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Beyond Subsidized Solar Power: The Path to Grid Parity

If the silicon, wafer, cell and module manufacturers contribute to 60% of the cost reduction and the system integrators and BOS-manufacturers contribute to 40% of the cost reduction, the module price in 2013 for California would have to be $1.95/Watt DC and the system integration price (including all BOS components) $2.06/Watt in order to achieve the 7 year payback return without government incentives. The end customer price needs to be $4.01/Watt DC.

The above paragraph explains the price point for modules and installation price. On the cost side, the manufacturers need to reduce their cost to $1.51/watt DC and the system integration and BOS cost need to be at $1.42/Watt DC. These costs assume an average sales tax of 3% (an average aiming to account for the different sales tax rules for PV) and a gross profit margin expectation of 25% in the upstream segment and 18% in the downstream PV industry.

Reaching these objectives will require an aggressive cost roadmap, especially when taking into account that the above numbers are only representative of the best solar locations in the US.

Theoretically if we aggregate the most competitive manufacturers in the upstream value chain we can get the cost down to approximately $1.25/Watt. In addition, the best-of-class system integrators in the German market are able to install large PV system at a turnkey system price of below $5.00/Watt DC with standard modules.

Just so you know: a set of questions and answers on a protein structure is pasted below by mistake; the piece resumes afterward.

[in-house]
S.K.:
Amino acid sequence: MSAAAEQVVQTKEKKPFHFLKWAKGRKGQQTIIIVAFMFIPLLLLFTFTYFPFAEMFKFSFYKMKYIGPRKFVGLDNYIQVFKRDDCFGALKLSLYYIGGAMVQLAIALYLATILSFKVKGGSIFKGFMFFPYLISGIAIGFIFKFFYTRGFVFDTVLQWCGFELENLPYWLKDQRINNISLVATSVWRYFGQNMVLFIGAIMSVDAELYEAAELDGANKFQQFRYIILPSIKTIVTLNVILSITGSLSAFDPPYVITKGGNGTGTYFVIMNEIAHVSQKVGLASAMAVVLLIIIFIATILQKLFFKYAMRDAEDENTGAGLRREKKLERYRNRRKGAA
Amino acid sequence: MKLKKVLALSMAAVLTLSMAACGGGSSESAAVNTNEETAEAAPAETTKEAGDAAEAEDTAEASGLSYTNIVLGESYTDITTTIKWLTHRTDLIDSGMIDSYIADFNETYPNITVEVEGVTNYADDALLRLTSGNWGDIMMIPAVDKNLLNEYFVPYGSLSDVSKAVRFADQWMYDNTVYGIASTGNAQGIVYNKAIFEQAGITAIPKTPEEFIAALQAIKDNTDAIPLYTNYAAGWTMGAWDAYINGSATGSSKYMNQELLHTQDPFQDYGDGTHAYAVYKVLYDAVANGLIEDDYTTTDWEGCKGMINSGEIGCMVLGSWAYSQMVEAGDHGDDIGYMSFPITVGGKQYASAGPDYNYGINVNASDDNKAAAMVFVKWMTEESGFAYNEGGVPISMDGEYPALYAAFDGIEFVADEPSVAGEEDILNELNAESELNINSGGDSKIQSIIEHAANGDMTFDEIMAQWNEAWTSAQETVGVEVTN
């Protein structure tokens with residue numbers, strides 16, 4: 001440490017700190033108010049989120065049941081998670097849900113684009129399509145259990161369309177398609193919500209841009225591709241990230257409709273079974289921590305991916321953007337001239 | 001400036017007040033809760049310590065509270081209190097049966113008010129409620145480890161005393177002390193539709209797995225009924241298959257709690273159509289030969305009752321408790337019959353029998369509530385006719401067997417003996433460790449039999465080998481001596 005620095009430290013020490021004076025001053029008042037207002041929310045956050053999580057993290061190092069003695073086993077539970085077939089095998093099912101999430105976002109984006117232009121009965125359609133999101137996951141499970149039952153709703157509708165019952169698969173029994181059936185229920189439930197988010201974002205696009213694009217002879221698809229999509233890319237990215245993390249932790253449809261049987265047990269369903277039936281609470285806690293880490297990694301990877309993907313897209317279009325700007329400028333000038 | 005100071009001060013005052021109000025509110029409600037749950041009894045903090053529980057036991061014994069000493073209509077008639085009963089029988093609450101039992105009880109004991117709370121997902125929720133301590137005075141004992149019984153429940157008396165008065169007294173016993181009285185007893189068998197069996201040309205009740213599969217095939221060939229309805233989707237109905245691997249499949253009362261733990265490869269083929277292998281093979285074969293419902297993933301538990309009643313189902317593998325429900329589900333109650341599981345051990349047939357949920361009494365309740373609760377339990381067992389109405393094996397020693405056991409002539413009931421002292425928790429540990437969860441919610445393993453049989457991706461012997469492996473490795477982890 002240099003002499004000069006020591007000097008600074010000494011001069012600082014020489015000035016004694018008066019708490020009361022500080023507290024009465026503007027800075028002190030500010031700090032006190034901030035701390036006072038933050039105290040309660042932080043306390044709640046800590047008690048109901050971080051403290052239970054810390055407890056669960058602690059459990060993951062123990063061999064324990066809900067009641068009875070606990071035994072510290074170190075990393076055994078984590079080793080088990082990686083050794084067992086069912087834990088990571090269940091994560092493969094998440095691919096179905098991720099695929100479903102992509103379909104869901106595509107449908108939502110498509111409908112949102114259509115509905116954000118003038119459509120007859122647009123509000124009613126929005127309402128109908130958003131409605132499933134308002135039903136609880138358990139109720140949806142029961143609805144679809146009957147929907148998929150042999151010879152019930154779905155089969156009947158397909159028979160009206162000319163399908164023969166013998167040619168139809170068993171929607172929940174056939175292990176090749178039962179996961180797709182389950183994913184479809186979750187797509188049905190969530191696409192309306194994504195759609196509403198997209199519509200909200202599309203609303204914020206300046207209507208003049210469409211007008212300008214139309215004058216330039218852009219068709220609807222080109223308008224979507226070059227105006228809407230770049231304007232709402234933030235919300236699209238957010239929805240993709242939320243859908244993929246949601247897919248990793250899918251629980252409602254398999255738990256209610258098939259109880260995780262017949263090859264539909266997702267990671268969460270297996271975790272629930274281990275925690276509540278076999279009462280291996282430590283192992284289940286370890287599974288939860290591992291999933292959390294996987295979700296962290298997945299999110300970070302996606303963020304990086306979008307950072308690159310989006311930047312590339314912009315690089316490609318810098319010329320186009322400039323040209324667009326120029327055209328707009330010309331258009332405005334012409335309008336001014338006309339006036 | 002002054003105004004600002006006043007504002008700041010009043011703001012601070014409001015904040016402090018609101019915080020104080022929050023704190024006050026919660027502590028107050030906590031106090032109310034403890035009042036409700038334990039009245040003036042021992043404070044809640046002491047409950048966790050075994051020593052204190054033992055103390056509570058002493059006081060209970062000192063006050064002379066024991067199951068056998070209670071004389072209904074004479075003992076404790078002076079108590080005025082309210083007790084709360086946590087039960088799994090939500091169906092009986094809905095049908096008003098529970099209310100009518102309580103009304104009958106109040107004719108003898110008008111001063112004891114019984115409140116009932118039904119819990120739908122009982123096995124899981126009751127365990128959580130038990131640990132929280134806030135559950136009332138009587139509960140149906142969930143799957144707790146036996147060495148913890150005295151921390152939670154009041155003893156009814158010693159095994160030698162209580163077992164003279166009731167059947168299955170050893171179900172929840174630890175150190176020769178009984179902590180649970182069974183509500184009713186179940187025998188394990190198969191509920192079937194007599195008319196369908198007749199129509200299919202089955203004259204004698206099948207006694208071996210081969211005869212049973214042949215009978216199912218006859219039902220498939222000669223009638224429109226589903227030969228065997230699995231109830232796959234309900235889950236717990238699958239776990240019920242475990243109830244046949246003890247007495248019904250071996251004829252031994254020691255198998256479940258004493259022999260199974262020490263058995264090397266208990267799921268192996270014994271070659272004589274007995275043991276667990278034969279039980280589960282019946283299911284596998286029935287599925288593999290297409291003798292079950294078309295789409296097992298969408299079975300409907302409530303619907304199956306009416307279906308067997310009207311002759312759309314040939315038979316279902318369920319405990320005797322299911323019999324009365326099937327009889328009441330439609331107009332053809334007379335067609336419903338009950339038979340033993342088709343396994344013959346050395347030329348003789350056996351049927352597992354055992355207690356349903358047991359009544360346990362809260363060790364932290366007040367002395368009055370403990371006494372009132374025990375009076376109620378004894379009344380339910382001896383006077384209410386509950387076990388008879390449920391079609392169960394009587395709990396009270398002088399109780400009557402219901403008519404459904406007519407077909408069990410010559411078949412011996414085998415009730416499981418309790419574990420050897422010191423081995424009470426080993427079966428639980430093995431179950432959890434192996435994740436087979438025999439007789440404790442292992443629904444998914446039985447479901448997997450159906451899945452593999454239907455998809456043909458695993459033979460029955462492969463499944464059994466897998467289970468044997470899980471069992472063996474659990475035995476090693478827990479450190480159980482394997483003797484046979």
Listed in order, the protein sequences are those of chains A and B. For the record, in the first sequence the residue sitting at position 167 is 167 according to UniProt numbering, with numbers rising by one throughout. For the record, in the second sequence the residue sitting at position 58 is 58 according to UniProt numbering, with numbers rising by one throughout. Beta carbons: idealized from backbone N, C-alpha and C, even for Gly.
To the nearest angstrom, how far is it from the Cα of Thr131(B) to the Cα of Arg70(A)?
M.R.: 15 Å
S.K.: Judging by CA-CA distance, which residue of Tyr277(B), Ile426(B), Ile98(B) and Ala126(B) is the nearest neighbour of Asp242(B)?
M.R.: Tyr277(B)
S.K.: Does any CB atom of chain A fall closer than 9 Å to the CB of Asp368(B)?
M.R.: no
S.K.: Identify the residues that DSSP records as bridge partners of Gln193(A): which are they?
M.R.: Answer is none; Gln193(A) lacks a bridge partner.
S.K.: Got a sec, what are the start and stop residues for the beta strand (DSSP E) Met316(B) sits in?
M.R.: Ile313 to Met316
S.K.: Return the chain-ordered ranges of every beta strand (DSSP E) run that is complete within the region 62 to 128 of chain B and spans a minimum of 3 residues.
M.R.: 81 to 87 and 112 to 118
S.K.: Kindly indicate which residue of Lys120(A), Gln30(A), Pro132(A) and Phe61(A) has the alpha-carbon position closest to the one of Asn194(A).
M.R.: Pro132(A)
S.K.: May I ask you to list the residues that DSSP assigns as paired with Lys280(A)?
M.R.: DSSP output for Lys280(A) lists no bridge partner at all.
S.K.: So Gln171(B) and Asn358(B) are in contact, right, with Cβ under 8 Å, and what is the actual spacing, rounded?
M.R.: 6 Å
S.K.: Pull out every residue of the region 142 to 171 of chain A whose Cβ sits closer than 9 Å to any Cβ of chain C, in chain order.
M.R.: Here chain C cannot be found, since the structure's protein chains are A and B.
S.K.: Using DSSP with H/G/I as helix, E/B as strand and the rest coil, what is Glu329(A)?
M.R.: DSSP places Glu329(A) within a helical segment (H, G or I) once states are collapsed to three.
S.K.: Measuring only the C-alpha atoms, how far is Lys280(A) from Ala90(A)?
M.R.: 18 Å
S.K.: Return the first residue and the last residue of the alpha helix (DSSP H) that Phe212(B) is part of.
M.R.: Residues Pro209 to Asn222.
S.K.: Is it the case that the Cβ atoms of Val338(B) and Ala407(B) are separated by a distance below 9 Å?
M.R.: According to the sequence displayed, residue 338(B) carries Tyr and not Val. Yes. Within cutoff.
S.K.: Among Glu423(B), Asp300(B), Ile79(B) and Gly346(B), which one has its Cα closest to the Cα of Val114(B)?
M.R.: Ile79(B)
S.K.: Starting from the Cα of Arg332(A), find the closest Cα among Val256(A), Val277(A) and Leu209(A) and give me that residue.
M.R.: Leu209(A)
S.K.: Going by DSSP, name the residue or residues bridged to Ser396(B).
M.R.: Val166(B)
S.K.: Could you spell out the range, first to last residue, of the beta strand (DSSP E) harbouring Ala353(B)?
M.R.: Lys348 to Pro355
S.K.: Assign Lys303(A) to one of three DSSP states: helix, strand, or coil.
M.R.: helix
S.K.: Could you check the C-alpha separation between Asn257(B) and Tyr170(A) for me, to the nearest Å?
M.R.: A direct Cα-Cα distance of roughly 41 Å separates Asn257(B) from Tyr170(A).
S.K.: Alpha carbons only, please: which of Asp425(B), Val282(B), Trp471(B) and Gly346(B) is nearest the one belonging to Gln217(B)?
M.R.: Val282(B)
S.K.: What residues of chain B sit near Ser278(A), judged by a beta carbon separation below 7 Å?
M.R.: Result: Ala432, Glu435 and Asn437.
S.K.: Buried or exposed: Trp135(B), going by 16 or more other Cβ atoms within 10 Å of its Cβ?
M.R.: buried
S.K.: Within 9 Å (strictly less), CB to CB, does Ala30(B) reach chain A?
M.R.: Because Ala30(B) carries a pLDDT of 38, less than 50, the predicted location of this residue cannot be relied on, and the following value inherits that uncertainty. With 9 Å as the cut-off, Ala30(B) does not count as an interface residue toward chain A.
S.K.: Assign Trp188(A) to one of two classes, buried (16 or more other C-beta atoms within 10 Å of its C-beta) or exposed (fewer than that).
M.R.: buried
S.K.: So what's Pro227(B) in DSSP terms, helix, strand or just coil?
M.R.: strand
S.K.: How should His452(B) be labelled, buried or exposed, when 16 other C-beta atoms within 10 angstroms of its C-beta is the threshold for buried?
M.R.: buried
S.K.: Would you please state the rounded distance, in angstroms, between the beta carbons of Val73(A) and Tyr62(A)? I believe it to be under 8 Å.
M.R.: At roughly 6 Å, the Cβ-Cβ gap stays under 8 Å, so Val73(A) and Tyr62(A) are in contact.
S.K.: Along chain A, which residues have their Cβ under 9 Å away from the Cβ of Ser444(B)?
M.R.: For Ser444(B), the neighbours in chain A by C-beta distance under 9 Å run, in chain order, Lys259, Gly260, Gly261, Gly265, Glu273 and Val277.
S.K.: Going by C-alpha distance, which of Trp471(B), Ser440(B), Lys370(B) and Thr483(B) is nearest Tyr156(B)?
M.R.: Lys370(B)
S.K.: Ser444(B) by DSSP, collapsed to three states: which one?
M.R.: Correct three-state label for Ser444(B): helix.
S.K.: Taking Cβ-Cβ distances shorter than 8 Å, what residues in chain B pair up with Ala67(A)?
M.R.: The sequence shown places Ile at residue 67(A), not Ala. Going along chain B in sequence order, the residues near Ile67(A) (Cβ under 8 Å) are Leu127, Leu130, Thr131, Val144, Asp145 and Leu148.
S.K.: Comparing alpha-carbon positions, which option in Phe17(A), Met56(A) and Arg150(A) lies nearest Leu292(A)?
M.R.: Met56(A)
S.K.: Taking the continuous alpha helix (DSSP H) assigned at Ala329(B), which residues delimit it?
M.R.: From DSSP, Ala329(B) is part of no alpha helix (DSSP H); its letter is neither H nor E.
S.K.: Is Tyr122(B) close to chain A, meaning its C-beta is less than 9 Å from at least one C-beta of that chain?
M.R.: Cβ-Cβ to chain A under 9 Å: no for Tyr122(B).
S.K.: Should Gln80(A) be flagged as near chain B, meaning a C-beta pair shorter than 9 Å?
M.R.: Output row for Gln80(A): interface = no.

Thus, grid parity and the ultimate goal of bringing solar to the mainstream are within our reach!

Image Credit: richardmasoner via Flickr under Creative Commons License

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Written By

Angiolo Laviziano guides the strategic direction and long-term vision of REC Solar. He believes that solar electricity will become part of the mainstream energy supply within the next decade, and that the USA will be the world’s largest market for solar electricity within five years. “Our goal is to make solar simple and affordable, giving as many residential and business customers as possible the opportunity to install solar,” says Laviziano. “The positive environmental impact from solar power that we all desire will be realized by making solar electricity economically attractive.” In the 1990s Laviziano worked in the financial industry in Hong Kong before joining Conergy, the largest European renewable energy system integrator. He served on Conergy's board of directors and saw the company through a strong and profitable growth process culminating in its European IPO in 2005. Laviziano received a PhD in Financial Economics from the University of Hong Kong and holds a graduate business degree, equivalent to an MBA, from Koblenz School of Corporate Management in Koblenz, Germany.


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